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Is the overuse of the term“Bots” and “AI” damaging our cause?

In the latest blog post by NHS commentator Roy Lilley, he reflects on how we talk about AI, machine learning and bots in health IT. 


In the latest blog post by NHS commentator Roy Lilley, he reflects on how we talk about AI, machine learning and bots in health IT. 

As I write this, the TV is telling me that over 45,000 new cases of Covid have been diagnosed in the UK. Also, 32,000 people have been fined for breaking Covid regulations.

I’m reminded of  John Malkovich:

People get up, they go to work, they have their lives, but you’ll never see the headlines say, ‘Six billion people got along rather well today.’ You’ll have the headline about the 30 people who shot each other.

In England there are over 57 million people who are virus-free, have obeyed the rules, stayed home, worn a mask and got on with their lives as best as they could.  They’re the ones who are saving the nation, making sacrifices and are the heroes… alas, we are very unlikely to hear about them.

Headlines are twice the size of events.

Here’s an example, it had me pressing Command-0 to get it centre screen:

Kettering Hospital builds ‘Mary Bot’ to automate Covid reporting.

Blimey!  I had visions of the wheelie-thing I saw in the Cleveland Clinic in Abu Dhabi that autonomously delivered fresh bed-linen to the wards or the Australian Hospital where I saw the robot’s cousin delivering meals.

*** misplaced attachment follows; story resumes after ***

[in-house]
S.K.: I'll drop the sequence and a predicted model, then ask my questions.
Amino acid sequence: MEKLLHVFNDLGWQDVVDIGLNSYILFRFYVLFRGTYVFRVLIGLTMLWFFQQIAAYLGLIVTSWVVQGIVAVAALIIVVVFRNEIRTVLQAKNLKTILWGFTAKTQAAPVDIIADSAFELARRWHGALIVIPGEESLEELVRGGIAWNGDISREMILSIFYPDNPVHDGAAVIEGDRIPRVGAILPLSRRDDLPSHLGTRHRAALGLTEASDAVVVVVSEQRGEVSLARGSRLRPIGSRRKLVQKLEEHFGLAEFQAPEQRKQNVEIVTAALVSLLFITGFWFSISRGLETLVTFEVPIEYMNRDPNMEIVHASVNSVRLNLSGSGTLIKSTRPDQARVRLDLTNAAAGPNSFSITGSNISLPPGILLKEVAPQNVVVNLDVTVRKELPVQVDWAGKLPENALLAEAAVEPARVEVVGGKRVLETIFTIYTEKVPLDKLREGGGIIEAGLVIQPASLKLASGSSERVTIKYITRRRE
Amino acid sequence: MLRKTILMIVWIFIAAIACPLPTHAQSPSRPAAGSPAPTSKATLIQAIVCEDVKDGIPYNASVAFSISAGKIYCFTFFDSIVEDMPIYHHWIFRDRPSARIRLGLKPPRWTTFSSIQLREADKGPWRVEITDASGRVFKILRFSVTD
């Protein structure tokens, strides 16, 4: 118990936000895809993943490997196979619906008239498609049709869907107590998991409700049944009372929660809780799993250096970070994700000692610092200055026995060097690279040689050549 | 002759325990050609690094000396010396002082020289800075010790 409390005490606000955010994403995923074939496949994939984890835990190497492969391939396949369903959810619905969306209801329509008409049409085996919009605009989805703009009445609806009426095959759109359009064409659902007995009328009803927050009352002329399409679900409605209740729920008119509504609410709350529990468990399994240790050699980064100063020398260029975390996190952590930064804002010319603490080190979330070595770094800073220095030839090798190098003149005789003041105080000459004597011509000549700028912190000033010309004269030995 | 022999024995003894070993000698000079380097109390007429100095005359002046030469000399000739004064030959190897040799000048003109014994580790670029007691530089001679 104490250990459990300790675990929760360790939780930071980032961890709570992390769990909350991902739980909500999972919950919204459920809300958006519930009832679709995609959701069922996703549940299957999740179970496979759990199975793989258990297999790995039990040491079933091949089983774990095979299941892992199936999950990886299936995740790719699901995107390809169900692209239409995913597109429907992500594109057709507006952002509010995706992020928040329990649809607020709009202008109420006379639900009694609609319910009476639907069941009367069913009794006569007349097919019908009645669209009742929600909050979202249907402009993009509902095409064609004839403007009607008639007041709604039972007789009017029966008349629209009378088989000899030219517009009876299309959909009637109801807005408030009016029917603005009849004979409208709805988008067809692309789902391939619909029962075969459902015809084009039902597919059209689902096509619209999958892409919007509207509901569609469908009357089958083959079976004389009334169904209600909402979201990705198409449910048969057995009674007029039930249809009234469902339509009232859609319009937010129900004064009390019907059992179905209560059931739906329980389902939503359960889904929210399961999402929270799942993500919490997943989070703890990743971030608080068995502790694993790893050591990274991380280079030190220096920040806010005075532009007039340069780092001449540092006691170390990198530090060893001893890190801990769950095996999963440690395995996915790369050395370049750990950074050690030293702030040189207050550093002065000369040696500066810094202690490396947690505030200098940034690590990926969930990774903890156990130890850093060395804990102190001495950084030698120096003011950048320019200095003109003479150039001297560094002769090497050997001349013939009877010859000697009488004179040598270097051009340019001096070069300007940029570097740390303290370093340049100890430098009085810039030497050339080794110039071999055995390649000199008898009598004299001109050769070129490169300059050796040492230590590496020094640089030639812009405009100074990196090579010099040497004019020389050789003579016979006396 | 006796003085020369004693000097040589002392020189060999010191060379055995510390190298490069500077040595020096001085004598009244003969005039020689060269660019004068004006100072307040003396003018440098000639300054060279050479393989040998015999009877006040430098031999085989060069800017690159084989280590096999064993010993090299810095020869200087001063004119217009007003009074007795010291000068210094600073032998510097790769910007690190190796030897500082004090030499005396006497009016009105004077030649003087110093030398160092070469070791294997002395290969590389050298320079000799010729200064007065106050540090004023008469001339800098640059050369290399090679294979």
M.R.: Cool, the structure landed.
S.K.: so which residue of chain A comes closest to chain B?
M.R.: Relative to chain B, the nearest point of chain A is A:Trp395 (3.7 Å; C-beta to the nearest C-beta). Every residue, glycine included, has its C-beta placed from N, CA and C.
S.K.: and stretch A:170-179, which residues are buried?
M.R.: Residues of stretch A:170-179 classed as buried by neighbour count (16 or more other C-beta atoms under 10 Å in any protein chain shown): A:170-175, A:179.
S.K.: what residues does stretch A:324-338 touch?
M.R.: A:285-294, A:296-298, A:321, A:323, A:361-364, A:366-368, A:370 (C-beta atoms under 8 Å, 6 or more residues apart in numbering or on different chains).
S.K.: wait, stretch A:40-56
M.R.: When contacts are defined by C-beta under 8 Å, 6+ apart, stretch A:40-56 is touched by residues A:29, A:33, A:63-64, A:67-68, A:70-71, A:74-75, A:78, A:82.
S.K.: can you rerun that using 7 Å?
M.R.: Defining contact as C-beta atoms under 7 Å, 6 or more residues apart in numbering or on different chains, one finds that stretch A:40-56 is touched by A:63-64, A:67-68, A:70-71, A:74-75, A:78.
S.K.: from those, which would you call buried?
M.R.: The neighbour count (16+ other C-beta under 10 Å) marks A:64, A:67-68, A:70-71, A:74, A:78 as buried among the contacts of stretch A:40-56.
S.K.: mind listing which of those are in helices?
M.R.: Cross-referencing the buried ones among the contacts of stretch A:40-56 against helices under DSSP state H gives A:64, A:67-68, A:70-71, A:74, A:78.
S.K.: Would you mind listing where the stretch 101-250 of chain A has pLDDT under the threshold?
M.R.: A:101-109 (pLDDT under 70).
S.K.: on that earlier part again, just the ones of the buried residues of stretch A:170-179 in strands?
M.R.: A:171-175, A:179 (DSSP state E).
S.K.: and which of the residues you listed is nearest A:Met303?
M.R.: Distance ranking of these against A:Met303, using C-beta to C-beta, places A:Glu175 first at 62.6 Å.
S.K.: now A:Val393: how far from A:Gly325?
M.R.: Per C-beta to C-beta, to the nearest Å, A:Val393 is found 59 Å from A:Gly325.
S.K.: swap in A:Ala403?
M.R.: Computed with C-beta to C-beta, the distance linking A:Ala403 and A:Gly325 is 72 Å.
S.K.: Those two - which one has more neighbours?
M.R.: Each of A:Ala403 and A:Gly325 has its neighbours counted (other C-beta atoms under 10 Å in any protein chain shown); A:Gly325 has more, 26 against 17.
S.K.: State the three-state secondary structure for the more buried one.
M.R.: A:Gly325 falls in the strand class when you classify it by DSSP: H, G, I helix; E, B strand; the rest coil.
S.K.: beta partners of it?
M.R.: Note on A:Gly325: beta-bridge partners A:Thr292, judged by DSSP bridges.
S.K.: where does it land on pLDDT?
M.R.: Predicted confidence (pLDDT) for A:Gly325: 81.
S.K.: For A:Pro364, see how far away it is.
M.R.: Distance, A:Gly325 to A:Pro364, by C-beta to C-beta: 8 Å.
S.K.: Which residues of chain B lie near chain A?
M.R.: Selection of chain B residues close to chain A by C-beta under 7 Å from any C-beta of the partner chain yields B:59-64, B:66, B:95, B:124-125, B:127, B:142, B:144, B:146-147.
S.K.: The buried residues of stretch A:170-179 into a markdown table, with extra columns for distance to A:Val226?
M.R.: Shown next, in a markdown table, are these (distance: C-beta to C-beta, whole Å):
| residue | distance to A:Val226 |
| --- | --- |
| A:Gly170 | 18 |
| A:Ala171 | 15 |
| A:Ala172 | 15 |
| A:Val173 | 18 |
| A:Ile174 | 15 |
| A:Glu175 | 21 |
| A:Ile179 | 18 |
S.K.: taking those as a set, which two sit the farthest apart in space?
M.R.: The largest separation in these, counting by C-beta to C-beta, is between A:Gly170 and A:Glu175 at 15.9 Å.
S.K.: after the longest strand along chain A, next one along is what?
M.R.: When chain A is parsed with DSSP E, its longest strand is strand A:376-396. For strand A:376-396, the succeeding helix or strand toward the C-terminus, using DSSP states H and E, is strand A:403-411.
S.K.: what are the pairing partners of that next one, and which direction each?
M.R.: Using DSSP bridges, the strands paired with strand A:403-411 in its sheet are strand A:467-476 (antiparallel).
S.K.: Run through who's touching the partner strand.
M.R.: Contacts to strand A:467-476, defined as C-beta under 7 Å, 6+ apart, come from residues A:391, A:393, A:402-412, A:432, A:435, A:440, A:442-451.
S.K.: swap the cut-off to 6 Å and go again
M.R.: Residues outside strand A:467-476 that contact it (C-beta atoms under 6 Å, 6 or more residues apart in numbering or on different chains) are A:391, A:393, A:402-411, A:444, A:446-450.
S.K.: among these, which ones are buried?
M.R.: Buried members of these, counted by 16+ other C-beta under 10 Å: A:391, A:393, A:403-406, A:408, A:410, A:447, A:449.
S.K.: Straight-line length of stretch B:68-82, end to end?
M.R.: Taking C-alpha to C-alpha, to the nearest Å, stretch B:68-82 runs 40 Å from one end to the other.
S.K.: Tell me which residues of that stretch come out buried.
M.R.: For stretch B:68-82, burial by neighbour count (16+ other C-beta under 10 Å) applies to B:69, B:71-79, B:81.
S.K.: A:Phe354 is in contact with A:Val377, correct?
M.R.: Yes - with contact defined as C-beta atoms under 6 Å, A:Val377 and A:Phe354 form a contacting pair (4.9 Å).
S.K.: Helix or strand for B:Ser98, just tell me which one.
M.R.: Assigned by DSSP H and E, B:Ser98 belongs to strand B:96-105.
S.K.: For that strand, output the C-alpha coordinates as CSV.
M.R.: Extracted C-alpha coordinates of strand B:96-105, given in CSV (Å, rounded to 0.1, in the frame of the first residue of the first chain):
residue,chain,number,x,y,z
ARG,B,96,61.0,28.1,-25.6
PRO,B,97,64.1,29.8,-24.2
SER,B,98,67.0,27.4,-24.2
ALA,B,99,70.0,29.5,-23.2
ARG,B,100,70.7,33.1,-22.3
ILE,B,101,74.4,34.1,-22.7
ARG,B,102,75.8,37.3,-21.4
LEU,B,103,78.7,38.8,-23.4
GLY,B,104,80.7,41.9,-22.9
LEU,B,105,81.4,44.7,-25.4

I thought of a humanoid creature, humming along a corridor with a clip-board, counting beds and people. No such luck.

The Mary Bot is a clever piece of technology that automatically gathers information from various sources –  bed availability, oxygen use, staffing and what-not, which normally takes somebody a laborious amount of time to collect and collate. It turns this into data. A dashboard. A what’s-happening page.

It’s smart. It’s not rocket science. It’s useful. It’s not game-changing and it is certainly not a ‘Bot’. It’s probably a high-end macro, the sort of thing you can do on your laptop to make repetitive tasks go away.

Mary-Bot saves time and has probably ousted someone with a biro and a spreadsheet to work with a stethoscope and a thermometer.

Don’t get me wrong, I love Mary-Bot. But it is the sort of tech we should have been using for the last five years. It is the sort of thing University Hospitals of Morecambe Bay NHS Trust has been doing. They call it their Robotic Process Automation.  Internally designed to enable rapid expansion of their own C-19 screening and antibody testing, they shared the solution with peers across the country and seven London hospitals have adopted the live C-19 Analytics that they built to support their Command Centre, at no cost.

The NHS is full of high-volume, repetitive processes, where there is no interoperability but with clever interface-programming, they can scoop-up information and get a job done that might otherwise take ages, or worse, not be done at all.

What’s my beef? ‘Robots’. I have the same problem with ‘Artificial Intelligence’. It doesn’t exist and won’t for another 20 years…what we have is machine learning.

There is a gulf between frontline healthcare workers and the IT brigade.  The more they use words like robot and artificial intelligence, the wider the gap grows.

The job is to bring the management of information, by the use of technology, closer to where it is needed.  As simple and easy to use as Twitter or FaceBook.

The headline I’m looking for: ‘NHS uses basic technology to do boring stuff’.

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